A sampling of the images created for the event.

A sampling of the images created for the event.

Two of my favorites

Two of my favorites: L. Susan Mc Peters brought a photo of her in the crib when she was brought home from the hospital as a baby. There was a stuffed animal next to her in the photo. She brought that actual stuffed animal that she had kept over all her life. R. John C. Anderson brought the newspaper clipping about him swimming the Mississippi, handcuffed! He had the original handcuffs also.


She did extensive publicity on local TV and radio, and in the local newspapers. It obviously captivated people’s imagination because at the end of the 3 day event a total of 1246 people had been photographed!

At the end of 3 days, 1246 people were photographed.

Me photographing in the upper right.


The original space allotted to display people’s photos was filled by the second day, so new display space was added on the mezzanine.

The display had to expand into the mezzanine.



As with all my ONE by ONE Community Portraits the “community portrait wall” proved to be a captivating display for visitors.  

People captivate by the community portrait wall

“The images are still up on our walls two years later. They are so popular that we can’t take them down!”

-Christina Kastell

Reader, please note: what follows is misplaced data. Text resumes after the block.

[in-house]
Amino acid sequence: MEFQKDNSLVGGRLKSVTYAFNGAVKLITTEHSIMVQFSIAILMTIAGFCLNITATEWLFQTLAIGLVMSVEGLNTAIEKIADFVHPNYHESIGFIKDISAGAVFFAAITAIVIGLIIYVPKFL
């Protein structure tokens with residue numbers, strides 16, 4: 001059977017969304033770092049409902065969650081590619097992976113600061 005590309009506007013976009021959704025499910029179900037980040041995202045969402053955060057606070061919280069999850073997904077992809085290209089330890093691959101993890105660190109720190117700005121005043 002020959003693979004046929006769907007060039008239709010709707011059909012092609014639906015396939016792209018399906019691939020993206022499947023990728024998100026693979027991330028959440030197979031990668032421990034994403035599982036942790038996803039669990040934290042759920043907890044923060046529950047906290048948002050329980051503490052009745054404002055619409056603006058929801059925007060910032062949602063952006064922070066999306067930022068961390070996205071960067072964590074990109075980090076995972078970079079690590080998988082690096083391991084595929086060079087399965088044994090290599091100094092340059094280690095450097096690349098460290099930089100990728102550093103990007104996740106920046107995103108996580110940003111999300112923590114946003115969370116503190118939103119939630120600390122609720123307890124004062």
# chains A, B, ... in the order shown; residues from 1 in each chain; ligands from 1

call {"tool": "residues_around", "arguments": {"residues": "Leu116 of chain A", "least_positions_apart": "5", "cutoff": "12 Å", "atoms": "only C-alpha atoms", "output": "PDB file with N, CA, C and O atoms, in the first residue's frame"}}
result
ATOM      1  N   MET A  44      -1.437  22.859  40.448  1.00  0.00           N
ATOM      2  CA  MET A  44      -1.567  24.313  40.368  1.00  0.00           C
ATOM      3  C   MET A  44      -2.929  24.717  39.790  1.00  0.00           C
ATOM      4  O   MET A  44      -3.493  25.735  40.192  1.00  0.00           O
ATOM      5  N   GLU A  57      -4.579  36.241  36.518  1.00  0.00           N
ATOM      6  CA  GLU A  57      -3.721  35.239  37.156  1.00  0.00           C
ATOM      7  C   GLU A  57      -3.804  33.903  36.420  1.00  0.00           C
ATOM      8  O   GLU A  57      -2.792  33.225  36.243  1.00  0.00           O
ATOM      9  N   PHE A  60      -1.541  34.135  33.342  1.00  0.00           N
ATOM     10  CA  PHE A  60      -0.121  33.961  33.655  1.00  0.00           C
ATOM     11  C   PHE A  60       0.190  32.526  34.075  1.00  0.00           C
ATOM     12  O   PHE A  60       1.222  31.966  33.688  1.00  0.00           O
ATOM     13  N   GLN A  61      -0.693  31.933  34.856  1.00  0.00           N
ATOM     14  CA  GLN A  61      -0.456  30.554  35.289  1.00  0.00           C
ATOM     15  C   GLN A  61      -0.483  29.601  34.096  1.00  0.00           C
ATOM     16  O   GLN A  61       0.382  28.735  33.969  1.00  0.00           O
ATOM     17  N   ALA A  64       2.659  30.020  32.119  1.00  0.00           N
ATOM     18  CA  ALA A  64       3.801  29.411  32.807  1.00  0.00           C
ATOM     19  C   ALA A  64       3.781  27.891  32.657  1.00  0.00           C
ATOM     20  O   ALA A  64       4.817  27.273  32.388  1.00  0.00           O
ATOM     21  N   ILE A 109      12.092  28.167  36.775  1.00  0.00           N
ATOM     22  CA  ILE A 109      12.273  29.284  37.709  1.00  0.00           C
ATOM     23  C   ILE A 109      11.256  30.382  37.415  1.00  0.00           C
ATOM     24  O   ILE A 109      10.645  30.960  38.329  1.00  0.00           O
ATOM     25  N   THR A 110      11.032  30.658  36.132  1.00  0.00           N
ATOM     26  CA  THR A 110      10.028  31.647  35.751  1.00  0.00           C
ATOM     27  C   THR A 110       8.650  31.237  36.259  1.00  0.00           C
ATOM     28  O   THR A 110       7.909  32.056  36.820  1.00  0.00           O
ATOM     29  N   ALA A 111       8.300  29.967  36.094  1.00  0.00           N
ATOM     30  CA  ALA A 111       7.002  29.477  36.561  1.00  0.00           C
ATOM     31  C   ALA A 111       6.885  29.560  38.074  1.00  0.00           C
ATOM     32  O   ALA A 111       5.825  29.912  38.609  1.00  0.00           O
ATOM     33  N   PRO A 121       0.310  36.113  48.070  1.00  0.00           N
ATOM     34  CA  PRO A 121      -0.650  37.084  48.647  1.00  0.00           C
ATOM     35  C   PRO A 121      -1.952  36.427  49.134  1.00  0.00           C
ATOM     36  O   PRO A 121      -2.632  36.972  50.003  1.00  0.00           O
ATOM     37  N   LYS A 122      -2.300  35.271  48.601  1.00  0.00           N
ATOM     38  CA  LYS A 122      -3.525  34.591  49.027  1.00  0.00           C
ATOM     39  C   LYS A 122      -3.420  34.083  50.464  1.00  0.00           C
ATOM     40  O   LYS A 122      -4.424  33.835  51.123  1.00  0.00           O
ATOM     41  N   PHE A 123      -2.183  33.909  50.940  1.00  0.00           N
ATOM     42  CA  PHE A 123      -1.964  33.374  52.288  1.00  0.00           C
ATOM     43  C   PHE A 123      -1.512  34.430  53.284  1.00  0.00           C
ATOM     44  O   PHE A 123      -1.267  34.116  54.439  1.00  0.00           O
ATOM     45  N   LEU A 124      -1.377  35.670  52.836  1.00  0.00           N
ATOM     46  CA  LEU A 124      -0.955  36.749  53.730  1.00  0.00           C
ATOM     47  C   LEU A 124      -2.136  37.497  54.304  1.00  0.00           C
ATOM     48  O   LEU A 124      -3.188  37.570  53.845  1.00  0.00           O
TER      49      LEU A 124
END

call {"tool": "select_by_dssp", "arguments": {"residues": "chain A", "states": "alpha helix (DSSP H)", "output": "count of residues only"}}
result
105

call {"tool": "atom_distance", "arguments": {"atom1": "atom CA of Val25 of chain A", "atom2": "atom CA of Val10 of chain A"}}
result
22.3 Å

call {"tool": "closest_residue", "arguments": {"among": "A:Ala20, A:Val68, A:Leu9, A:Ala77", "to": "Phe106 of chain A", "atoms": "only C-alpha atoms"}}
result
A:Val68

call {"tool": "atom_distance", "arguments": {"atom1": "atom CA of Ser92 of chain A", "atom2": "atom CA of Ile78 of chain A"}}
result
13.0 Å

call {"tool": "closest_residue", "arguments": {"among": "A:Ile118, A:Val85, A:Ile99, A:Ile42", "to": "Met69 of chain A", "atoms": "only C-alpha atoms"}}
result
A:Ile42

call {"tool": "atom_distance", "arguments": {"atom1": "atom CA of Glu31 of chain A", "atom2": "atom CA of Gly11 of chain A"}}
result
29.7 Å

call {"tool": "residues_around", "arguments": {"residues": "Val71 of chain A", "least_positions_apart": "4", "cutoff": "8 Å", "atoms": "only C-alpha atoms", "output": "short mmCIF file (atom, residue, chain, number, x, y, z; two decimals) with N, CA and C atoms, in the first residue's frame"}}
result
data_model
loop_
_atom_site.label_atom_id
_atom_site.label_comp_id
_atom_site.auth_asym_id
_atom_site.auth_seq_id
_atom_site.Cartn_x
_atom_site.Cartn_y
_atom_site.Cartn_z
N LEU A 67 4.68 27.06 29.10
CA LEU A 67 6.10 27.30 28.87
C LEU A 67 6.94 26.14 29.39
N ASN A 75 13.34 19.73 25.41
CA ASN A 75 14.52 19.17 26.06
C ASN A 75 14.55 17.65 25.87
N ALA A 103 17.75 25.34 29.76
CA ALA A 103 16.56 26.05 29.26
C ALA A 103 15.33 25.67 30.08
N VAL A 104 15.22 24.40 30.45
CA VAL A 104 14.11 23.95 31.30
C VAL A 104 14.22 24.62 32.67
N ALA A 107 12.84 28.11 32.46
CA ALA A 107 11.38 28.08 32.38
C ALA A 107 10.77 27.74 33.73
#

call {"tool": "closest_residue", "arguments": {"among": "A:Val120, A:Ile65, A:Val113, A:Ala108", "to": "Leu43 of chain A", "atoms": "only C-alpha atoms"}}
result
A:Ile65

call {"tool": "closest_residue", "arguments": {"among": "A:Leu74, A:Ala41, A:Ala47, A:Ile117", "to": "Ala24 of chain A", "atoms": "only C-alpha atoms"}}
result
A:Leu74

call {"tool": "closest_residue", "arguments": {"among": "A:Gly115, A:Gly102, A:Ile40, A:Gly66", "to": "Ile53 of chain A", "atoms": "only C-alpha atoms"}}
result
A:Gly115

Curator of History and Anthropology
Putnam Museum and Science Center



After the event the museum used to images to announce to the world their anniversary, and the unique close connection to their guests.

Images displayed outside the museum.


See more about this, and other ONE by ONE Community Portrait experiences at the dedicate website here.

Before the internet a store concept that simplified a woman’s shopping experience.

The internet changed everything about shopping. But before it was ubiquitous, I, along with my partner Deborah Exum, came up with a store concept as a way to shop for a woman who was interested in fashion, but with family and work obligations had little time to actually shop. See what we did to RETHINK shopping.

MYA ads

How many clothes really need to be in a store

From my time with The Limited stores, and my “chapter 5 experience in retailing, I knew that clothing presented as outfits sold better than individual items. Working with merchandise expert Dennis Horstman, we crafted a complete collection of a wardrobe using 20 items.

In MYA store, how many items?

In MYA store, how many items?

Focus the customer

To focus the customer on our offering we redesigned the typical mall store to have 15 complete different outfits clustered in the “3rd window”/AKA the front of the store. Even walking by, a woman could scan our offering and see if something caught her eye. If she was interested enough to come in to the store, information tags told her what items made up that outfit. Those individual items were clearly displayed on the nearby wall, with additional colors to offer the customer more selections.


Mya store layout

Mya store layout

MYA merchandise identification system